EPFL, spring 2012 - week 2!data collection - interviewing
overview➝ candidates➝ basic methods➝ interview structure➝ produce a script➝ watch➝ practice run I➝ practice run II
identifying candidates➝ what different sorts of people might use this product?➝ how might needs and behaviour differ?➝ what ranges of behaviour and types of environment need to be explored?➝ if at all possible, do not use students➝ If not possible, at least not IT students
preparation➝ note pad, forms and pens➝ script/protocol of questions and topics➝ digital or video camera, voice recorder (check or replace batteries)➝ extension cables (if you re using a laptop)➝ little gift/reward➝ being on time➝ address/telephone numbers
structure of interview➝ preparation – remind yourself of goals of the interview➝ arrival – introduction of 2nd person➝ thank the host ➝ settle down➝ introduction of what the interview is about, length➝ inform about anonymity of data, voluntary nature (end at any time)➝ ask permission for audio (start recording), pictures/video➝ warm-up, e.g. with demographic data➝ interview - listen➝ wrap-up, stop recording (but not listening), pack-up➝ give a token gift (keep listening) and leave➝ note down additional comments after recording stopped➝ debrief between partners discuss observations, note down, highlight points, amend questions for next
the interview➝ listen➝ let people talk➝ watch" don’t take everything people say at face value note down what you see around you and when being demonstrated something. This might contradict what people are saying.
basic methods➝ interview where the action happens➝ avoid a ﬁxed set of questions➝ focus on goals ﬁrst, tasks second➝ avoid making the user a designer➝ avoid discussions about technology➝ avoid giving advice (as the expert)➝ remind people they are not being tested or evaluated➝ encourage story telling➝ ask for a show and tell ➝ avoid leading questions
where the action happens➝ keep your eyes open➝ don t snoop around without permission but if you see something that might be interesting ask to discuss it (be nosy!)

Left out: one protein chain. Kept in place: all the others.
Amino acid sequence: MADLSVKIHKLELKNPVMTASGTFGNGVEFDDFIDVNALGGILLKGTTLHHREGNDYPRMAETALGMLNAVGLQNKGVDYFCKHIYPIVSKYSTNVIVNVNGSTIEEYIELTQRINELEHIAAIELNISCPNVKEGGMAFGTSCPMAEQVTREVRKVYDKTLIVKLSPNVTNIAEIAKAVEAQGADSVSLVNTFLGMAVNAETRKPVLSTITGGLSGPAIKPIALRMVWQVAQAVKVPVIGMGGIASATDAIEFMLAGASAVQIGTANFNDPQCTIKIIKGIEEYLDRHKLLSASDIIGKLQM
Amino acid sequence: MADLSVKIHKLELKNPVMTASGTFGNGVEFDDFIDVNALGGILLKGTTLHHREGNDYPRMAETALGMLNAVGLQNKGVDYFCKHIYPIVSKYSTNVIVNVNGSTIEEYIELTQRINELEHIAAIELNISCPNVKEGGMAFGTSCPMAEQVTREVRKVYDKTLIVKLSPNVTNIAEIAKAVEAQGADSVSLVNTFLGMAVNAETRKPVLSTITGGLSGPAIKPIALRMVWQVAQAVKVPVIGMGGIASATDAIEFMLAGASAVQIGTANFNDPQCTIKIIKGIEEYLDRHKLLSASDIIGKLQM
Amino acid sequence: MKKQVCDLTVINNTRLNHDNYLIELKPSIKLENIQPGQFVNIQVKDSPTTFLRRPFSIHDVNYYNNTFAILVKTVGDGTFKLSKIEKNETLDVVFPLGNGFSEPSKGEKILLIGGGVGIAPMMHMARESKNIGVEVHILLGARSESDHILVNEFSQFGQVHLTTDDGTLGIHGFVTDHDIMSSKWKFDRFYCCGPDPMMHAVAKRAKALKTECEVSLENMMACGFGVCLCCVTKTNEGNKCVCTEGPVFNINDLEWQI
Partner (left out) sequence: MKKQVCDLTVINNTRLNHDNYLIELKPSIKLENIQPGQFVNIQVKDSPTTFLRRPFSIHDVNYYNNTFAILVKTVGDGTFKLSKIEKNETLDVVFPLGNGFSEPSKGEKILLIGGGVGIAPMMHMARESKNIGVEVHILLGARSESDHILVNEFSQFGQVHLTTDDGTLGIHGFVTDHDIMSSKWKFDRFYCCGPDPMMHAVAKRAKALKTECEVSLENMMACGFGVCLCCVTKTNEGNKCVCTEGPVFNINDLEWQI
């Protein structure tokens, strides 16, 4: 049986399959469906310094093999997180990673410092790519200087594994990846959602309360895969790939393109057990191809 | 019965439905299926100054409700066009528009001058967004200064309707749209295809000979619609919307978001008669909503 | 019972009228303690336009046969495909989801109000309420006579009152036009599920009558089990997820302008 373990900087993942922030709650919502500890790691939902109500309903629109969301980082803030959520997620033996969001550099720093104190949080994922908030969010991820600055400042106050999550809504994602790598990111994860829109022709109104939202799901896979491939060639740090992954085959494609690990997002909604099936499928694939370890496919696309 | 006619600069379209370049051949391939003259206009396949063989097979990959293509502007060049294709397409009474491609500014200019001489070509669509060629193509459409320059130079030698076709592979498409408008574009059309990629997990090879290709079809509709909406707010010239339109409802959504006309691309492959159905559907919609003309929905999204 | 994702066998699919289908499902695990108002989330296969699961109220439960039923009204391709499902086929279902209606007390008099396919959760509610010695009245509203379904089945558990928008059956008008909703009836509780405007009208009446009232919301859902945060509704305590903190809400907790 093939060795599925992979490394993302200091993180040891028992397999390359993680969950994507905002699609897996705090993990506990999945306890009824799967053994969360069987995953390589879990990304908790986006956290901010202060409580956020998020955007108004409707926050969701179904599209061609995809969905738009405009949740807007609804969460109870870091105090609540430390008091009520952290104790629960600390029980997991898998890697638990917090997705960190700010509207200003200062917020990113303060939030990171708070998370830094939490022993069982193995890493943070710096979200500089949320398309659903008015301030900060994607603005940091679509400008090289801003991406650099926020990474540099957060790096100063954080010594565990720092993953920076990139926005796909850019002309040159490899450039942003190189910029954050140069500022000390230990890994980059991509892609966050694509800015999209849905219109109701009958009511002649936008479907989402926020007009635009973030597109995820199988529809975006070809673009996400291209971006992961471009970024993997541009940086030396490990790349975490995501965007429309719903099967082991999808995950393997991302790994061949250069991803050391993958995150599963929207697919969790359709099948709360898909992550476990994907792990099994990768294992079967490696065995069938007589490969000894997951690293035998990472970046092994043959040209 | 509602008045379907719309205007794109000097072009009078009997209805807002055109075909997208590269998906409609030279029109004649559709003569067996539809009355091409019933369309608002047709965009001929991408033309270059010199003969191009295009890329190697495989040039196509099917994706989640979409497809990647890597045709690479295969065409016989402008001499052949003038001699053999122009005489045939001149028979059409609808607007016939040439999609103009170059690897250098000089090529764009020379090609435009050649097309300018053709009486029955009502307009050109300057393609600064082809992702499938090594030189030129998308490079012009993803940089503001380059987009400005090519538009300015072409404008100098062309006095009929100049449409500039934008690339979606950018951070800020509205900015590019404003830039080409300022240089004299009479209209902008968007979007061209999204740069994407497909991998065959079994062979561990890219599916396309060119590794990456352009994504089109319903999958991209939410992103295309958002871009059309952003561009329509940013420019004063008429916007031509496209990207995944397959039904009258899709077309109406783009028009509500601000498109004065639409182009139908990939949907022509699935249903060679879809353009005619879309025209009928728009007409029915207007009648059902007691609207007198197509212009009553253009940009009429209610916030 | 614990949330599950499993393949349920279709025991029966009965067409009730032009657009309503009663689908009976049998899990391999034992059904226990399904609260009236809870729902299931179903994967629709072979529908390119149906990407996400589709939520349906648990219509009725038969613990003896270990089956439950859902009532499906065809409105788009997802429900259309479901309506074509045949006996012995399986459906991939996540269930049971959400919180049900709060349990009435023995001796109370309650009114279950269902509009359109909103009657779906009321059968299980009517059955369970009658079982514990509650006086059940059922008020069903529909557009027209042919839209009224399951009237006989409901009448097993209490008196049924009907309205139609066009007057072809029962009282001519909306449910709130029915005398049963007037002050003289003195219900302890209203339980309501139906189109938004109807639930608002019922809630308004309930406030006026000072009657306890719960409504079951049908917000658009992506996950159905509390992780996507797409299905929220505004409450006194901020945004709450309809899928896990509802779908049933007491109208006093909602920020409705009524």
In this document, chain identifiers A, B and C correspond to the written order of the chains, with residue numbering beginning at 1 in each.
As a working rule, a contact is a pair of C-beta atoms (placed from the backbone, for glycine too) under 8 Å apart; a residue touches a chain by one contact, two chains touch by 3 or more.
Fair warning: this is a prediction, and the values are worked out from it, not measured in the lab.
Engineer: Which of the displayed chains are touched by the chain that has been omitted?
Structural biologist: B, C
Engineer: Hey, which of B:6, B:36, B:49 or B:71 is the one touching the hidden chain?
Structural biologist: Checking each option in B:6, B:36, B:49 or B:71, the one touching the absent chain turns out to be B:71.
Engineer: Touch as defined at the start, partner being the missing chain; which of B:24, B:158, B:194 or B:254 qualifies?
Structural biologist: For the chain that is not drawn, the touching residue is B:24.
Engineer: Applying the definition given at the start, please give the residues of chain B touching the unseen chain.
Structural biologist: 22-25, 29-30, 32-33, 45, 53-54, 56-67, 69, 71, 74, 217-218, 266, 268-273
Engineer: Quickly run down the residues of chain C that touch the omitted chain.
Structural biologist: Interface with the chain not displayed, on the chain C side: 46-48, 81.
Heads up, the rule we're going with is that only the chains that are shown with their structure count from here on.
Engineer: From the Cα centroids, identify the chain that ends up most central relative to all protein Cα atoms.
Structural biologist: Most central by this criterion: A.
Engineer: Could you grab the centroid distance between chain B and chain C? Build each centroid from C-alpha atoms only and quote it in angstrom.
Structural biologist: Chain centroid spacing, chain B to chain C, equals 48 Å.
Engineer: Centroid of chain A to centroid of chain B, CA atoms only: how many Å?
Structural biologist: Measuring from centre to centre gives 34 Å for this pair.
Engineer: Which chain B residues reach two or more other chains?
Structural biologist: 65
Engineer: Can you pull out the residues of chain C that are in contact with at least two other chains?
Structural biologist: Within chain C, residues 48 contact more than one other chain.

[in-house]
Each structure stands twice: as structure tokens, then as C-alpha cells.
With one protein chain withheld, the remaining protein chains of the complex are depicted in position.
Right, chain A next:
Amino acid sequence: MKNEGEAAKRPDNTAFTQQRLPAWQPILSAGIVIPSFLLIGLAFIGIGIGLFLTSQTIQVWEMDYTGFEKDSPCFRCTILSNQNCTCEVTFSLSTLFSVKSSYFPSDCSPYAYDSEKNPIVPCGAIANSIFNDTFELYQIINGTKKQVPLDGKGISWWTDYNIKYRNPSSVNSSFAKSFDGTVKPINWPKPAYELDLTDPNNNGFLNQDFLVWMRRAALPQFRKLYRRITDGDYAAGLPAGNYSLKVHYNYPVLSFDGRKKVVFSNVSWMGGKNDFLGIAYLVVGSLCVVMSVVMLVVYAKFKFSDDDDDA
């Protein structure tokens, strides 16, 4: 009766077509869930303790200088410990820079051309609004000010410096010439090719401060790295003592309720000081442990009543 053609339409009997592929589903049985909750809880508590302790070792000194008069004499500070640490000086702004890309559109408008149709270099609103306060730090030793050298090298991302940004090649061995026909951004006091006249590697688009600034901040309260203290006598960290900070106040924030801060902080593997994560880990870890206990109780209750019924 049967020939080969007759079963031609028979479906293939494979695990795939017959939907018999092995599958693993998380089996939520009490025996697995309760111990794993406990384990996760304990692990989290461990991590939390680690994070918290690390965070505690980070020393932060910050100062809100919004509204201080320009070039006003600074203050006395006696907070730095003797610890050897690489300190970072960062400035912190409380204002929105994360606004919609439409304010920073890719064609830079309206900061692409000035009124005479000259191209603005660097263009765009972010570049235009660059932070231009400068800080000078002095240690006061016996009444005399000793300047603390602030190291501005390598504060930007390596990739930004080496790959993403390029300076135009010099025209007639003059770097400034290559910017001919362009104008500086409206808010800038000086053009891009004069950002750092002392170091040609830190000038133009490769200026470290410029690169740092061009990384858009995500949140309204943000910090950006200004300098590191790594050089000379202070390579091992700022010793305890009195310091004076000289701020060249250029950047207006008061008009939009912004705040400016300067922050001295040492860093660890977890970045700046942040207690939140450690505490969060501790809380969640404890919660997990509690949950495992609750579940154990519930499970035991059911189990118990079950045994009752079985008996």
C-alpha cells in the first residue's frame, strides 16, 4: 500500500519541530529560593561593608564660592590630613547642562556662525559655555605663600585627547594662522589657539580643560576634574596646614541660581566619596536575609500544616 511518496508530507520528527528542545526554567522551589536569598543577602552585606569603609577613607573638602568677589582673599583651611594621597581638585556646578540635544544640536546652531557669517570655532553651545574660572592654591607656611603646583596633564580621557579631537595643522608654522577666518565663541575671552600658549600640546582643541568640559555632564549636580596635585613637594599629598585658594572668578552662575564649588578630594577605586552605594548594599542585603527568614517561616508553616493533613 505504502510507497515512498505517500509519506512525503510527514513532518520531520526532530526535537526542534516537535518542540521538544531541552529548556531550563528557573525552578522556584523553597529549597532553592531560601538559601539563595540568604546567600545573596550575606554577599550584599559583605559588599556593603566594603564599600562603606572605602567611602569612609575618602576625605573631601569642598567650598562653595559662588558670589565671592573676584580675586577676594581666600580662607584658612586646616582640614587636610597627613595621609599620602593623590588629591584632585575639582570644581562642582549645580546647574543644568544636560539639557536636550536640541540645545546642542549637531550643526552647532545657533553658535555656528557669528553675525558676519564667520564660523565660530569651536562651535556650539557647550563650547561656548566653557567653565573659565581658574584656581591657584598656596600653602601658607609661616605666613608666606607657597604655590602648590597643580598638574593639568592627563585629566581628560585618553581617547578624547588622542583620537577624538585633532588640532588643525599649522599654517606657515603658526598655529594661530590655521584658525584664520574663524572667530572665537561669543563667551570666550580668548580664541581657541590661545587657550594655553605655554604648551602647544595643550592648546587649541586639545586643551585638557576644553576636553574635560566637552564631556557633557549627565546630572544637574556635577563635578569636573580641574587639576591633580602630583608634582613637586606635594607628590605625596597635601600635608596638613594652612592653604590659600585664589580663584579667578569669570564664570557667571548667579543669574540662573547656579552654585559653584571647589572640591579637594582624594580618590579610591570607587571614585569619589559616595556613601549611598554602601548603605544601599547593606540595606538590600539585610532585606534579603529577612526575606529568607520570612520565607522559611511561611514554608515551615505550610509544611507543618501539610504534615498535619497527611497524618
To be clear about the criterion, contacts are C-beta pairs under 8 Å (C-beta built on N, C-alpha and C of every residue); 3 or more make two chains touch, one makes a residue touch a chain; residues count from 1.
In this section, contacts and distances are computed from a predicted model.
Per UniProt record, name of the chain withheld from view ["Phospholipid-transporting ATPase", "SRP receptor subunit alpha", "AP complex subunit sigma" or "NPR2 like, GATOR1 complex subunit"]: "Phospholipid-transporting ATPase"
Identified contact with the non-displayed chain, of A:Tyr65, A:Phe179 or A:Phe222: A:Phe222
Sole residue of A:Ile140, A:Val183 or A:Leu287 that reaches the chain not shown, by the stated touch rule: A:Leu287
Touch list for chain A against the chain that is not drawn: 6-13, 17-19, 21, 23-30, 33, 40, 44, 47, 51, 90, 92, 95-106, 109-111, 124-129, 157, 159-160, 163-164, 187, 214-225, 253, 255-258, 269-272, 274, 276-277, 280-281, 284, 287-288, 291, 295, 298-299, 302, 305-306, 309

focus on topics, not ﬁxed set of questions➝ goals – what makes a good day? a bad day?➝ opportunity – what currently wastes your time?goal oriented questions➝ priortities – what is most important to you?➝ information – what helps you make decisions?➝ frequency - what part of the product do you use most?➝ preference – what doquestions about the product/activity?system-oriented you love/hate➝ failure - how do you work around problems?➝ process – what do you do ﬁrst? and after that?➝ occurrence – how oftenquestionsworkﬂow-oriented do you do this? ➝ exception – what is typical what is unusual➝ aspiration – what do you see yourself doing in 5 years➝ avoidance – what would you prefer not to do/ procratinate on?attitude-oriented questions➝ motivation - what do you enjoy most about your private lifestyle? What do you always tackle ﬁrst? Cooper 2007
focus on topics, not ﬁxed set of questions➝ goals – what makes a good day? a bad day?➝ opportunity – what currently wastes your time?➝ priortities – what is most important to you?➝ information – what helps you make decisions?➝ frequency - what part of the product do you use most?➝ preference – what do you love/hate about the product/activity?➝ failure - how do you work around problems?➝ process – what do you do ﬁrst? and after that?➝ occurrence – how often do you do this? ➝ exception – what is typical what is unusual➝ aspiration – what do you see yourself doing in 5 years➝ avoidance – what would you prefer not to do/ procratinate on?➝ motivation - what do you enjoy most about your private lifestyle? What do you always tackle ﬁrst? Cooper 2007
goals ﬁrst, task second➝ try to understand the why and how➝ what motivates the behaviours of individuals in different roles?➝ understanding the task is important and needs to be recorded but tasks will be restructured to better match user goals in the design solution
avoid making the user a designer➝ guide the interviewee towards examining problems and away from expressing solutions➝ if it happens possible transitions are " What problem would that solve for you? " Why would that be a good solution?
avoid technological discussions➝ don t treat them as a programmer or engineer➝ for technical products steer away from product- related discussion (allow domain-related discussion)➝ do not attempt to solve their problems during the interview, observe➝ to steer away from it: How would that help you?
encourage storytelling➝ how they use an existing product➝ the different contexts, places, people, occasions➝ what they think of it➝ where they go with it➝ encourage stories that talk about typical cases and also exceptional ones➝ encourage to replay a past situation (explaining the context) in which e.g. the mobile was used to synchronize with someone, observe and take notes, e.g.: ➝ middle-aged user takes off bifocal glasses, puts them on the table and squints at the small buttons… tries several times to open the last SMS, curses… mumbles…
show and tell➝ ask for a grand tour of artefacts ➝ domain-related ➝ software interfaces ➝ paper systems ➝ work environment➝ pay attention to how they are described➝ ask many clariﬁcation questions➝ take pictures/video
show and tellPaul, 57 Renate, 65 Manfred, 75 Olaf, 65Christel, 71 Magali, 15 Martine, 55 Fillippo, 44
avoid leading questions➝ Would feature X help you➝ You like X, don t you? ➝ Do you think you d use X if it were available?➝ ask for qualiﬁcations when people talk not about themselves and but about others e.g. we, everybody, nobody, some people.
don’t worry➝ peoplelike to talk about themselves➝ and appreciate listeners
practice runs➝ produce script➝ role play➝ practice runs